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Potential buyers have an array of home financing


Consumers looking for a way to finance a home today are faced with a smorgasbord of choices.

The 30-year, fixed-rate loan still dominates the home-loan market. But it has been joined by more exotic fare such as 20- , 15- and 10-year loans, and a variety of adjustable-rate mortgages such as balloon loans, two-steps, buy-downs and others.

"There are 100 products on the market. Even the mortgage DTC companies' solicitors don't know all the products that are available," said Christopher Artur, vice president of Artur Realty Inc.

However, individual lenders usually only offer a dozen or fewer of the most popular loans. And most of the loans are designed to get buyers past the biggest hurdles to homeownership -- interest rates and closing costs.

Few first-time buyers -- a group that constitutes 45 percent of the current market -- have the 5 percent to 20 percent cash down payment required on 30-year, fixed-rate mortgages, making it "especially important that the borrower has as many options as possible," said Brett Warren, vice president of residential lending at Jefferson Bank.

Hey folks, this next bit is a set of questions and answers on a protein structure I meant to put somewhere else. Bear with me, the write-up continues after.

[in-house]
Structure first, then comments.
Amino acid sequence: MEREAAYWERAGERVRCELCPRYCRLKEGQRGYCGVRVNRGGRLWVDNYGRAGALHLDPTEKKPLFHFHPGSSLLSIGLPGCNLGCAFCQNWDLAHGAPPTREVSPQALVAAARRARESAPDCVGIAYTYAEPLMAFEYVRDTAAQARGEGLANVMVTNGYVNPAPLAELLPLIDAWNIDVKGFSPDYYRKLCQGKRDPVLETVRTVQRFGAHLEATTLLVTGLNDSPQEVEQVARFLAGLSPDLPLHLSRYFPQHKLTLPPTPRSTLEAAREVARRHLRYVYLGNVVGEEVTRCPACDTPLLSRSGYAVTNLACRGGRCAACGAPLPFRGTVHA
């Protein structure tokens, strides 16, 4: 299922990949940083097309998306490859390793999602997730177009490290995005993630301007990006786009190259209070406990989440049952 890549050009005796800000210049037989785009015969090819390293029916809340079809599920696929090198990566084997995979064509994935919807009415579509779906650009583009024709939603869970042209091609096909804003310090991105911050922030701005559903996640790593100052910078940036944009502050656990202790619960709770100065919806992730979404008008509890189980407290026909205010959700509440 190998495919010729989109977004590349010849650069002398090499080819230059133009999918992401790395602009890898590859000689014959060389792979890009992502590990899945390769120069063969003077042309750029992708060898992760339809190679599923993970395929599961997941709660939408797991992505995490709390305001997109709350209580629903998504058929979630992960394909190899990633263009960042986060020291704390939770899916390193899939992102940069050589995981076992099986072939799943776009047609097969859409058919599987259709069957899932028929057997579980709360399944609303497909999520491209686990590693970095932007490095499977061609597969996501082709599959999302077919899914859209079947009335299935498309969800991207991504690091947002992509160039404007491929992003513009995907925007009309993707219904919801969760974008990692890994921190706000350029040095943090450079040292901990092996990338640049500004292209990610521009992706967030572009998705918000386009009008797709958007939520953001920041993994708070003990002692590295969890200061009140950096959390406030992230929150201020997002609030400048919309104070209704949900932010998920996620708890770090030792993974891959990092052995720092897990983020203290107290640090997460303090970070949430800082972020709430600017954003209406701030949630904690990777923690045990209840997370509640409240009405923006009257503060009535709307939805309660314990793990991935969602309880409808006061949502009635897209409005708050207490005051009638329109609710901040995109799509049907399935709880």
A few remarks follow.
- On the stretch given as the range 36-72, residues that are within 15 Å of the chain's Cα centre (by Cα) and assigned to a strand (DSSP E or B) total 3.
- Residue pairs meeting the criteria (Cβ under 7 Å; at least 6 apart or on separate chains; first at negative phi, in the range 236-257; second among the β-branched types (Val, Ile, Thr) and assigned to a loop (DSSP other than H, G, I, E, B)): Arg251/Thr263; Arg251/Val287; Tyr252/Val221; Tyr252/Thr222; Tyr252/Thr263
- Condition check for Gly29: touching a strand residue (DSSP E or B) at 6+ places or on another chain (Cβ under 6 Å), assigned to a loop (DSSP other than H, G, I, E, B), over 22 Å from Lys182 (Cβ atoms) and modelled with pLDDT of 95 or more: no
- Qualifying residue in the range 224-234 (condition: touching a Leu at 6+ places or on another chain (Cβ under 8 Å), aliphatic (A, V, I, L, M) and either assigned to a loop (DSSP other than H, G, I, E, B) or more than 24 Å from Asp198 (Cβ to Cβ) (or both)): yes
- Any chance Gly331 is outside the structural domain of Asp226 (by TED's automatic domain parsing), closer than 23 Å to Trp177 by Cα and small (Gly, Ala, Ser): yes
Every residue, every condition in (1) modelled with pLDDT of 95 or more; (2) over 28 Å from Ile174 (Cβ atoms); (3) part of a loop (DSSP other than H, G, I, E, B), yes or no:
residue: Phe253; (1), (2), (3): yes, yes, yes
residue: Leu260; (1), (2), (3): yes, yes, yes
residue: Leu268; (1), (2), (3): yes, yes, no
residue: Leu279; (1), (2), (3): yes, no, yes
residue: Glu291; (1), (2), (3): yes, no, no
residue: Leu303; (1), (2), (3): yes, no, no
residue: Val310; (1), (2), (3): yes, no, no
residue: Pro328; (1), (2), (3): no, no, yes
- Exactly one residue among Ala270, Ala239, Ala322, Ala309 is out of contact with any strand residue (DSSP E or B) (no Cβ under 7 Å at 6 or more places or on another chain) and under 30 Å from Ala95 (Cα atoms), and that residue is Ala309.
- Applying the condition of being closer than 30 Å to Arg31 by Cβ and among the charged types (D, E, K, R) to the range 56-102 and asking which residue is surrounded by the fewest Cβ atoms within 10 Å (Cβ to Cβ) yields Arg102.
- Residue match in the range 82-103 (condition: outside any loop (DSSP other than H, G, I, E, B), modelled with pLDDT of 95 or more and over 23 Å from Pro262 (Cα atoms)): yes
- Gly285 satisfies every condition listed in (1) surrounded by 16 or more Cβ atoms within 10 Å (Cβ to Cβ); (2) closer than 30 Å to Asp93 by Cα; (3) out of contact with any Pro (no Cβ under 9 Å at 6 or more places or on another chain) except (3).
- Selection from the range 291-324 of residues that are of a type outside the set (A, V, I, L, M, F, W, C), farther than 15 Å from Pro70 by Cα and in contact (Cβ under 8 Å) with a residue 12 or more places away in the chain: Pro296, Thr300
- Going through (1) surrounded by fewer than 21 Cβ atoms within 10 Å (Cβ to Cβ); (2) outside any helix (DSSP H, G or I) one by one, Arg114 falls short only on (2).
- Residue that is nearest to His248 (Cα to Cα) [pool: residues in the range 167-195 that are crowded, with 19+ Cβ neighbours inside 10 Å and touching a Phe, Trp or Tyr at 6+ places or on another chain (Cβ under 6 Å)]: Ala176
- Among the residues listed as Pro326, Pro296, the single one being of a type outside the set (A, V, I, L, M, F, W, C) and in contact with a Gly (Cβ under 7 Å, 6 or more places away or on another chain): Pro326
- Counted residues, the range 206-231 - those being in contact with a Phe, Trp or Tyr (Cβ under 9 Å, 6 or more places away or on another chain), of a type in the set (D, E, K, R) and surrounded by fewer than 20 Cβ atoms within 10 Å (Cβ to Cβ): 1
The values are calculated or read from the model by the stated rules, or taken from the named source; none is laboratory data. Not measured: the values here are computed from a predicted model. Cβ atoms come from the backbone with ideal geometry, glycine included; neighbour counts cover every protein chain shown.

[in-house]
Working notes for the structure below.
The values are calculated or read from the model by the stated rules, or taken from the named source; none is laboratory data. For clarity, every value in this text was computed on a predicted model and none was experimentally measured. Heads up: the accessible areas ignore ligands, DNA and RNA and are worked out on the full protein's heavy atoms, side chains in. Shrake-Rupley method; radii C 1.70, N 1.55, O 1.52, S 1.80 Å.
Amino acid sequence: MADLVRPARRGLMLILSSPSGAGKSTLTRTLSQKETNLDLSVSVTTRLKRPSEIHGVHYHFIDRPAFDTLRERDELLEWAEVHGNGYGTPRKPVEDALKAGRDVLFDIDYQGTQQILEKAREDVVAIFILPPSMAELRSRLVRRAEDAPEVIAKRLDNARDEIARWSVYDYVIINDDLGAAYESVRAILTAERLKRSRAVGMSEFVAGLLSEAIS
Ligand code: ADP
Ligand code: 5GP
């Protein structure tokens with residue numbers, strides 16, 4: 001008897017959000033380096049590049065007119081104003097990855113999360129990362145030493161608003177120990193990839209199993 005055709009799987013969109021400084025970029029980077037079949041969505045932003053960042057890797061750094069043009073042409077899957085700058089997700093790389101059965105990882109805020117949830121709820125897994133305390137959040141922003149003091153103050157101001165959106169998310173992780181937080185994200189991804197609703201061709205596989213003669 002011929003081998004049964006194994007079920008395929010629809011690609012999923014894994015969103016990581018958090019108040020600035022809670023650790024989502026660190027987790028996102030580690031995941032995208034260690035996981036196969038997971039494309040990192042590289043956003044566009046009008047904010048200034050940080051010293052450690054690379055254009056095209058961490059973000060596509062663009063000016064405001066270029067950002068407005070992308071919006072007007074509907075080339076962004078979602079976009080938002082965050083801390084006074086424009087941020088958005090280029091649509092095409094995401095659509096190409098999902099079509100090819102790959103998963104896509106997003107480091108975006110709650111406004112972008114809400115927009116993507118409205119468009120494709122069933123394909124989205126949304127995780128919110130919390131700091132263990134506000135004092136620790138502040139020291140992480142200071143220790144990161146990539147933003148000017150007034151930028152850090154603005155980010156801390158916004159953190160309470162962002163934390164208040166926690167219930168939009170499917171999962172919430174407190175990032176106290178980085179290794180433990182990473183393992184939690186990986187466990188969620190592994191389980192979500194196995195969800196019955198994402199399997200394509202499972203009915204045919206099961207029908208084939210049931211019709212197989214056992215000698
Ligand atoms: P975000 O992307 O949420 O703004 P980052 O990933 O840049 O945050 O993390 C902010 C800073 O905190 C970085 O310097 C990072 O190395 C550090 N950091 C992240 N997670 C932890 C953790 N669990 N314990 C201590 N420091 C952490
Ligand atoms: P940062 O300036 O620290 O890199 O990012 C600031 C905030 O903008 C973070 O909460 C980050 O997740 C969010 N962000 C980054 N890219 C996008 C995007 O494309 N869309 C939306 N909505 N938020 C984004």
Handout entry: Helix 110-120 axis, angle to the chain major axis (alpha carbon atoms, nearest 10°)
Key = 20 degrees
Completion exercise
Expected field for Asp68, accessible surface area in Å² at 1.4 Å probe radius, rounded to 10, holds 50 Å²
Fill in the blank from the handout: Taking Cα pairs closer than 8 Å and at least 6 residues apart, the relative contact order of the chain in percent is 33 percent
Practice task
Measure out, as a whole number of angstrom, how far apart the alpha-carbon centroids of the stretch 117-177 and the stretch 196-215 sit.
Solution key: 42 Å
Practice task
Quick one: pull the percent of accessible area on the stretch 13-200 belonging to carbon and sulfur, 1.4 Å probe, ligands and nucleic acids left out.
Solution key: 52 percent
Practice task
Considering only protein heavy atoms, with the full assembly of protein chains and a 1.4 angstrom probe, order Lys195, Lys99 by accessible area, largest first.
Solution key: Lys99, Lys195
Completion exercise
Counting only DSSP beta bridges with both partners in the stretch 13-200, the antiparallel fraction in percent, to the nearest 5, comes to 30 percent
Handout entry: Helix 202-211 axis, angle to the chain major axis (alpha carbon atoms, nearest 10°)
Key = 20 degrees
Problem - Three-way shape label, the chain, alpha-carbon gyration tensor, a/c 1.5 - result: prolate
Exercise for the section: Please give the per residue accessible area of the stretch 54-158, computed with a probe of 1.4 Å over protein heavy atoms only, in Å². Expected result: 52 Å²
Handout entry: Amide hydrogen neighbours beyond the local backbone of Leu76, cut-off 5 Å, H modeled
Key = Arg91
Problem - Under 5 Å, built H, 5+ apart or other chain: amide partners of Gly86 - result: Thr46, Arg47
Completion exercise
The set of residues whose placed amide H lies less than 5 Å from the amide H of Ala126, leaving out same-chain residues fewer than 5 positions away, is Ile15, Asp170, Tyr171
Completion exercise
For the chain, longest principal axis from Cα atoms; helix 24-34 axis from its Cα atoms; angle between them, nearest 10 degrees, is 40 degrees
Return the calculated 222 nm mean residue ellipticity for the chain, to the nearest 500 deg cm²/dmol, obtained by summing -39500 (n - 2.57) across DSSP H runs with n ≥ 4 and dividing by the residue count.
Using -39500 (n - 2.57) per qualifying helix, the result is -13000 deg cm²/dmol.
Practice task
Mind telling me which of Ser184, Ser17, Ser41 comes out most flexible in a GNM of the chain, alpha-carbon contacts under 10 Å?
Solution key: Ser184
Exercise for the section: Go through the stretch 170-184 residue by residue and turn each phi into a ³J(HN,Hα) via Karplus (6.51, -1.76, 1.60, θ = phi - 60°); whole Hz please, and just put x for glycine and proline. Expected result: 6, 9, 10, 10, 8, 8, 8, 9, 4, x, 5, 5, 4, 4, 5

But one size does not fit all when it comes to mortgages. A home loan should be tailored to fit the borrower's lifestyle and financial needs. Too often, aspiring homebuyers and people who refinance arrive at the loan office fixated on obtaining the lowest interest rate and the lowest monthly payment possible.

In today's marketplace, where interest rates differ only slightly from lender to lender, the borrower may pay less attention to rates and more to upfront charges such as points or loan origination fees, and to the types of loans a lender is interested in making.

According to Mr. Warren, the borrower's homework should start even before they seek a real estate agent. "People need to look at where their incomes and jobs are going to be down the road," he said.

Some key factors consumers should consider before selecting the type of financing are:

How long do you plan to stay in this home? Five years or less, 10 years or longer? Knowing this is crucial in deciding whether a fixed-rate or adjustable-rate mortgage is best for you.

Do you want to pay points up front, or do you prefer to pay them over the life of the loan? A point is prepaid interest assessed by the lender at settlement, with one point equal to 1 percent of the total loan amount.

Do you want to gamble that interest rates will stay low and get an adjustable-rate loan, or would you feel more comfortable paying a fixed amount each month?

If the buyer is going to be in the house only five years before moving, the borrower might want to choose an adjustable mortgage with a low start-up rate.

Alternatively, consumers settled in for the long term might look for a 30-year fixed loan to "lock in" today's rates for decades.

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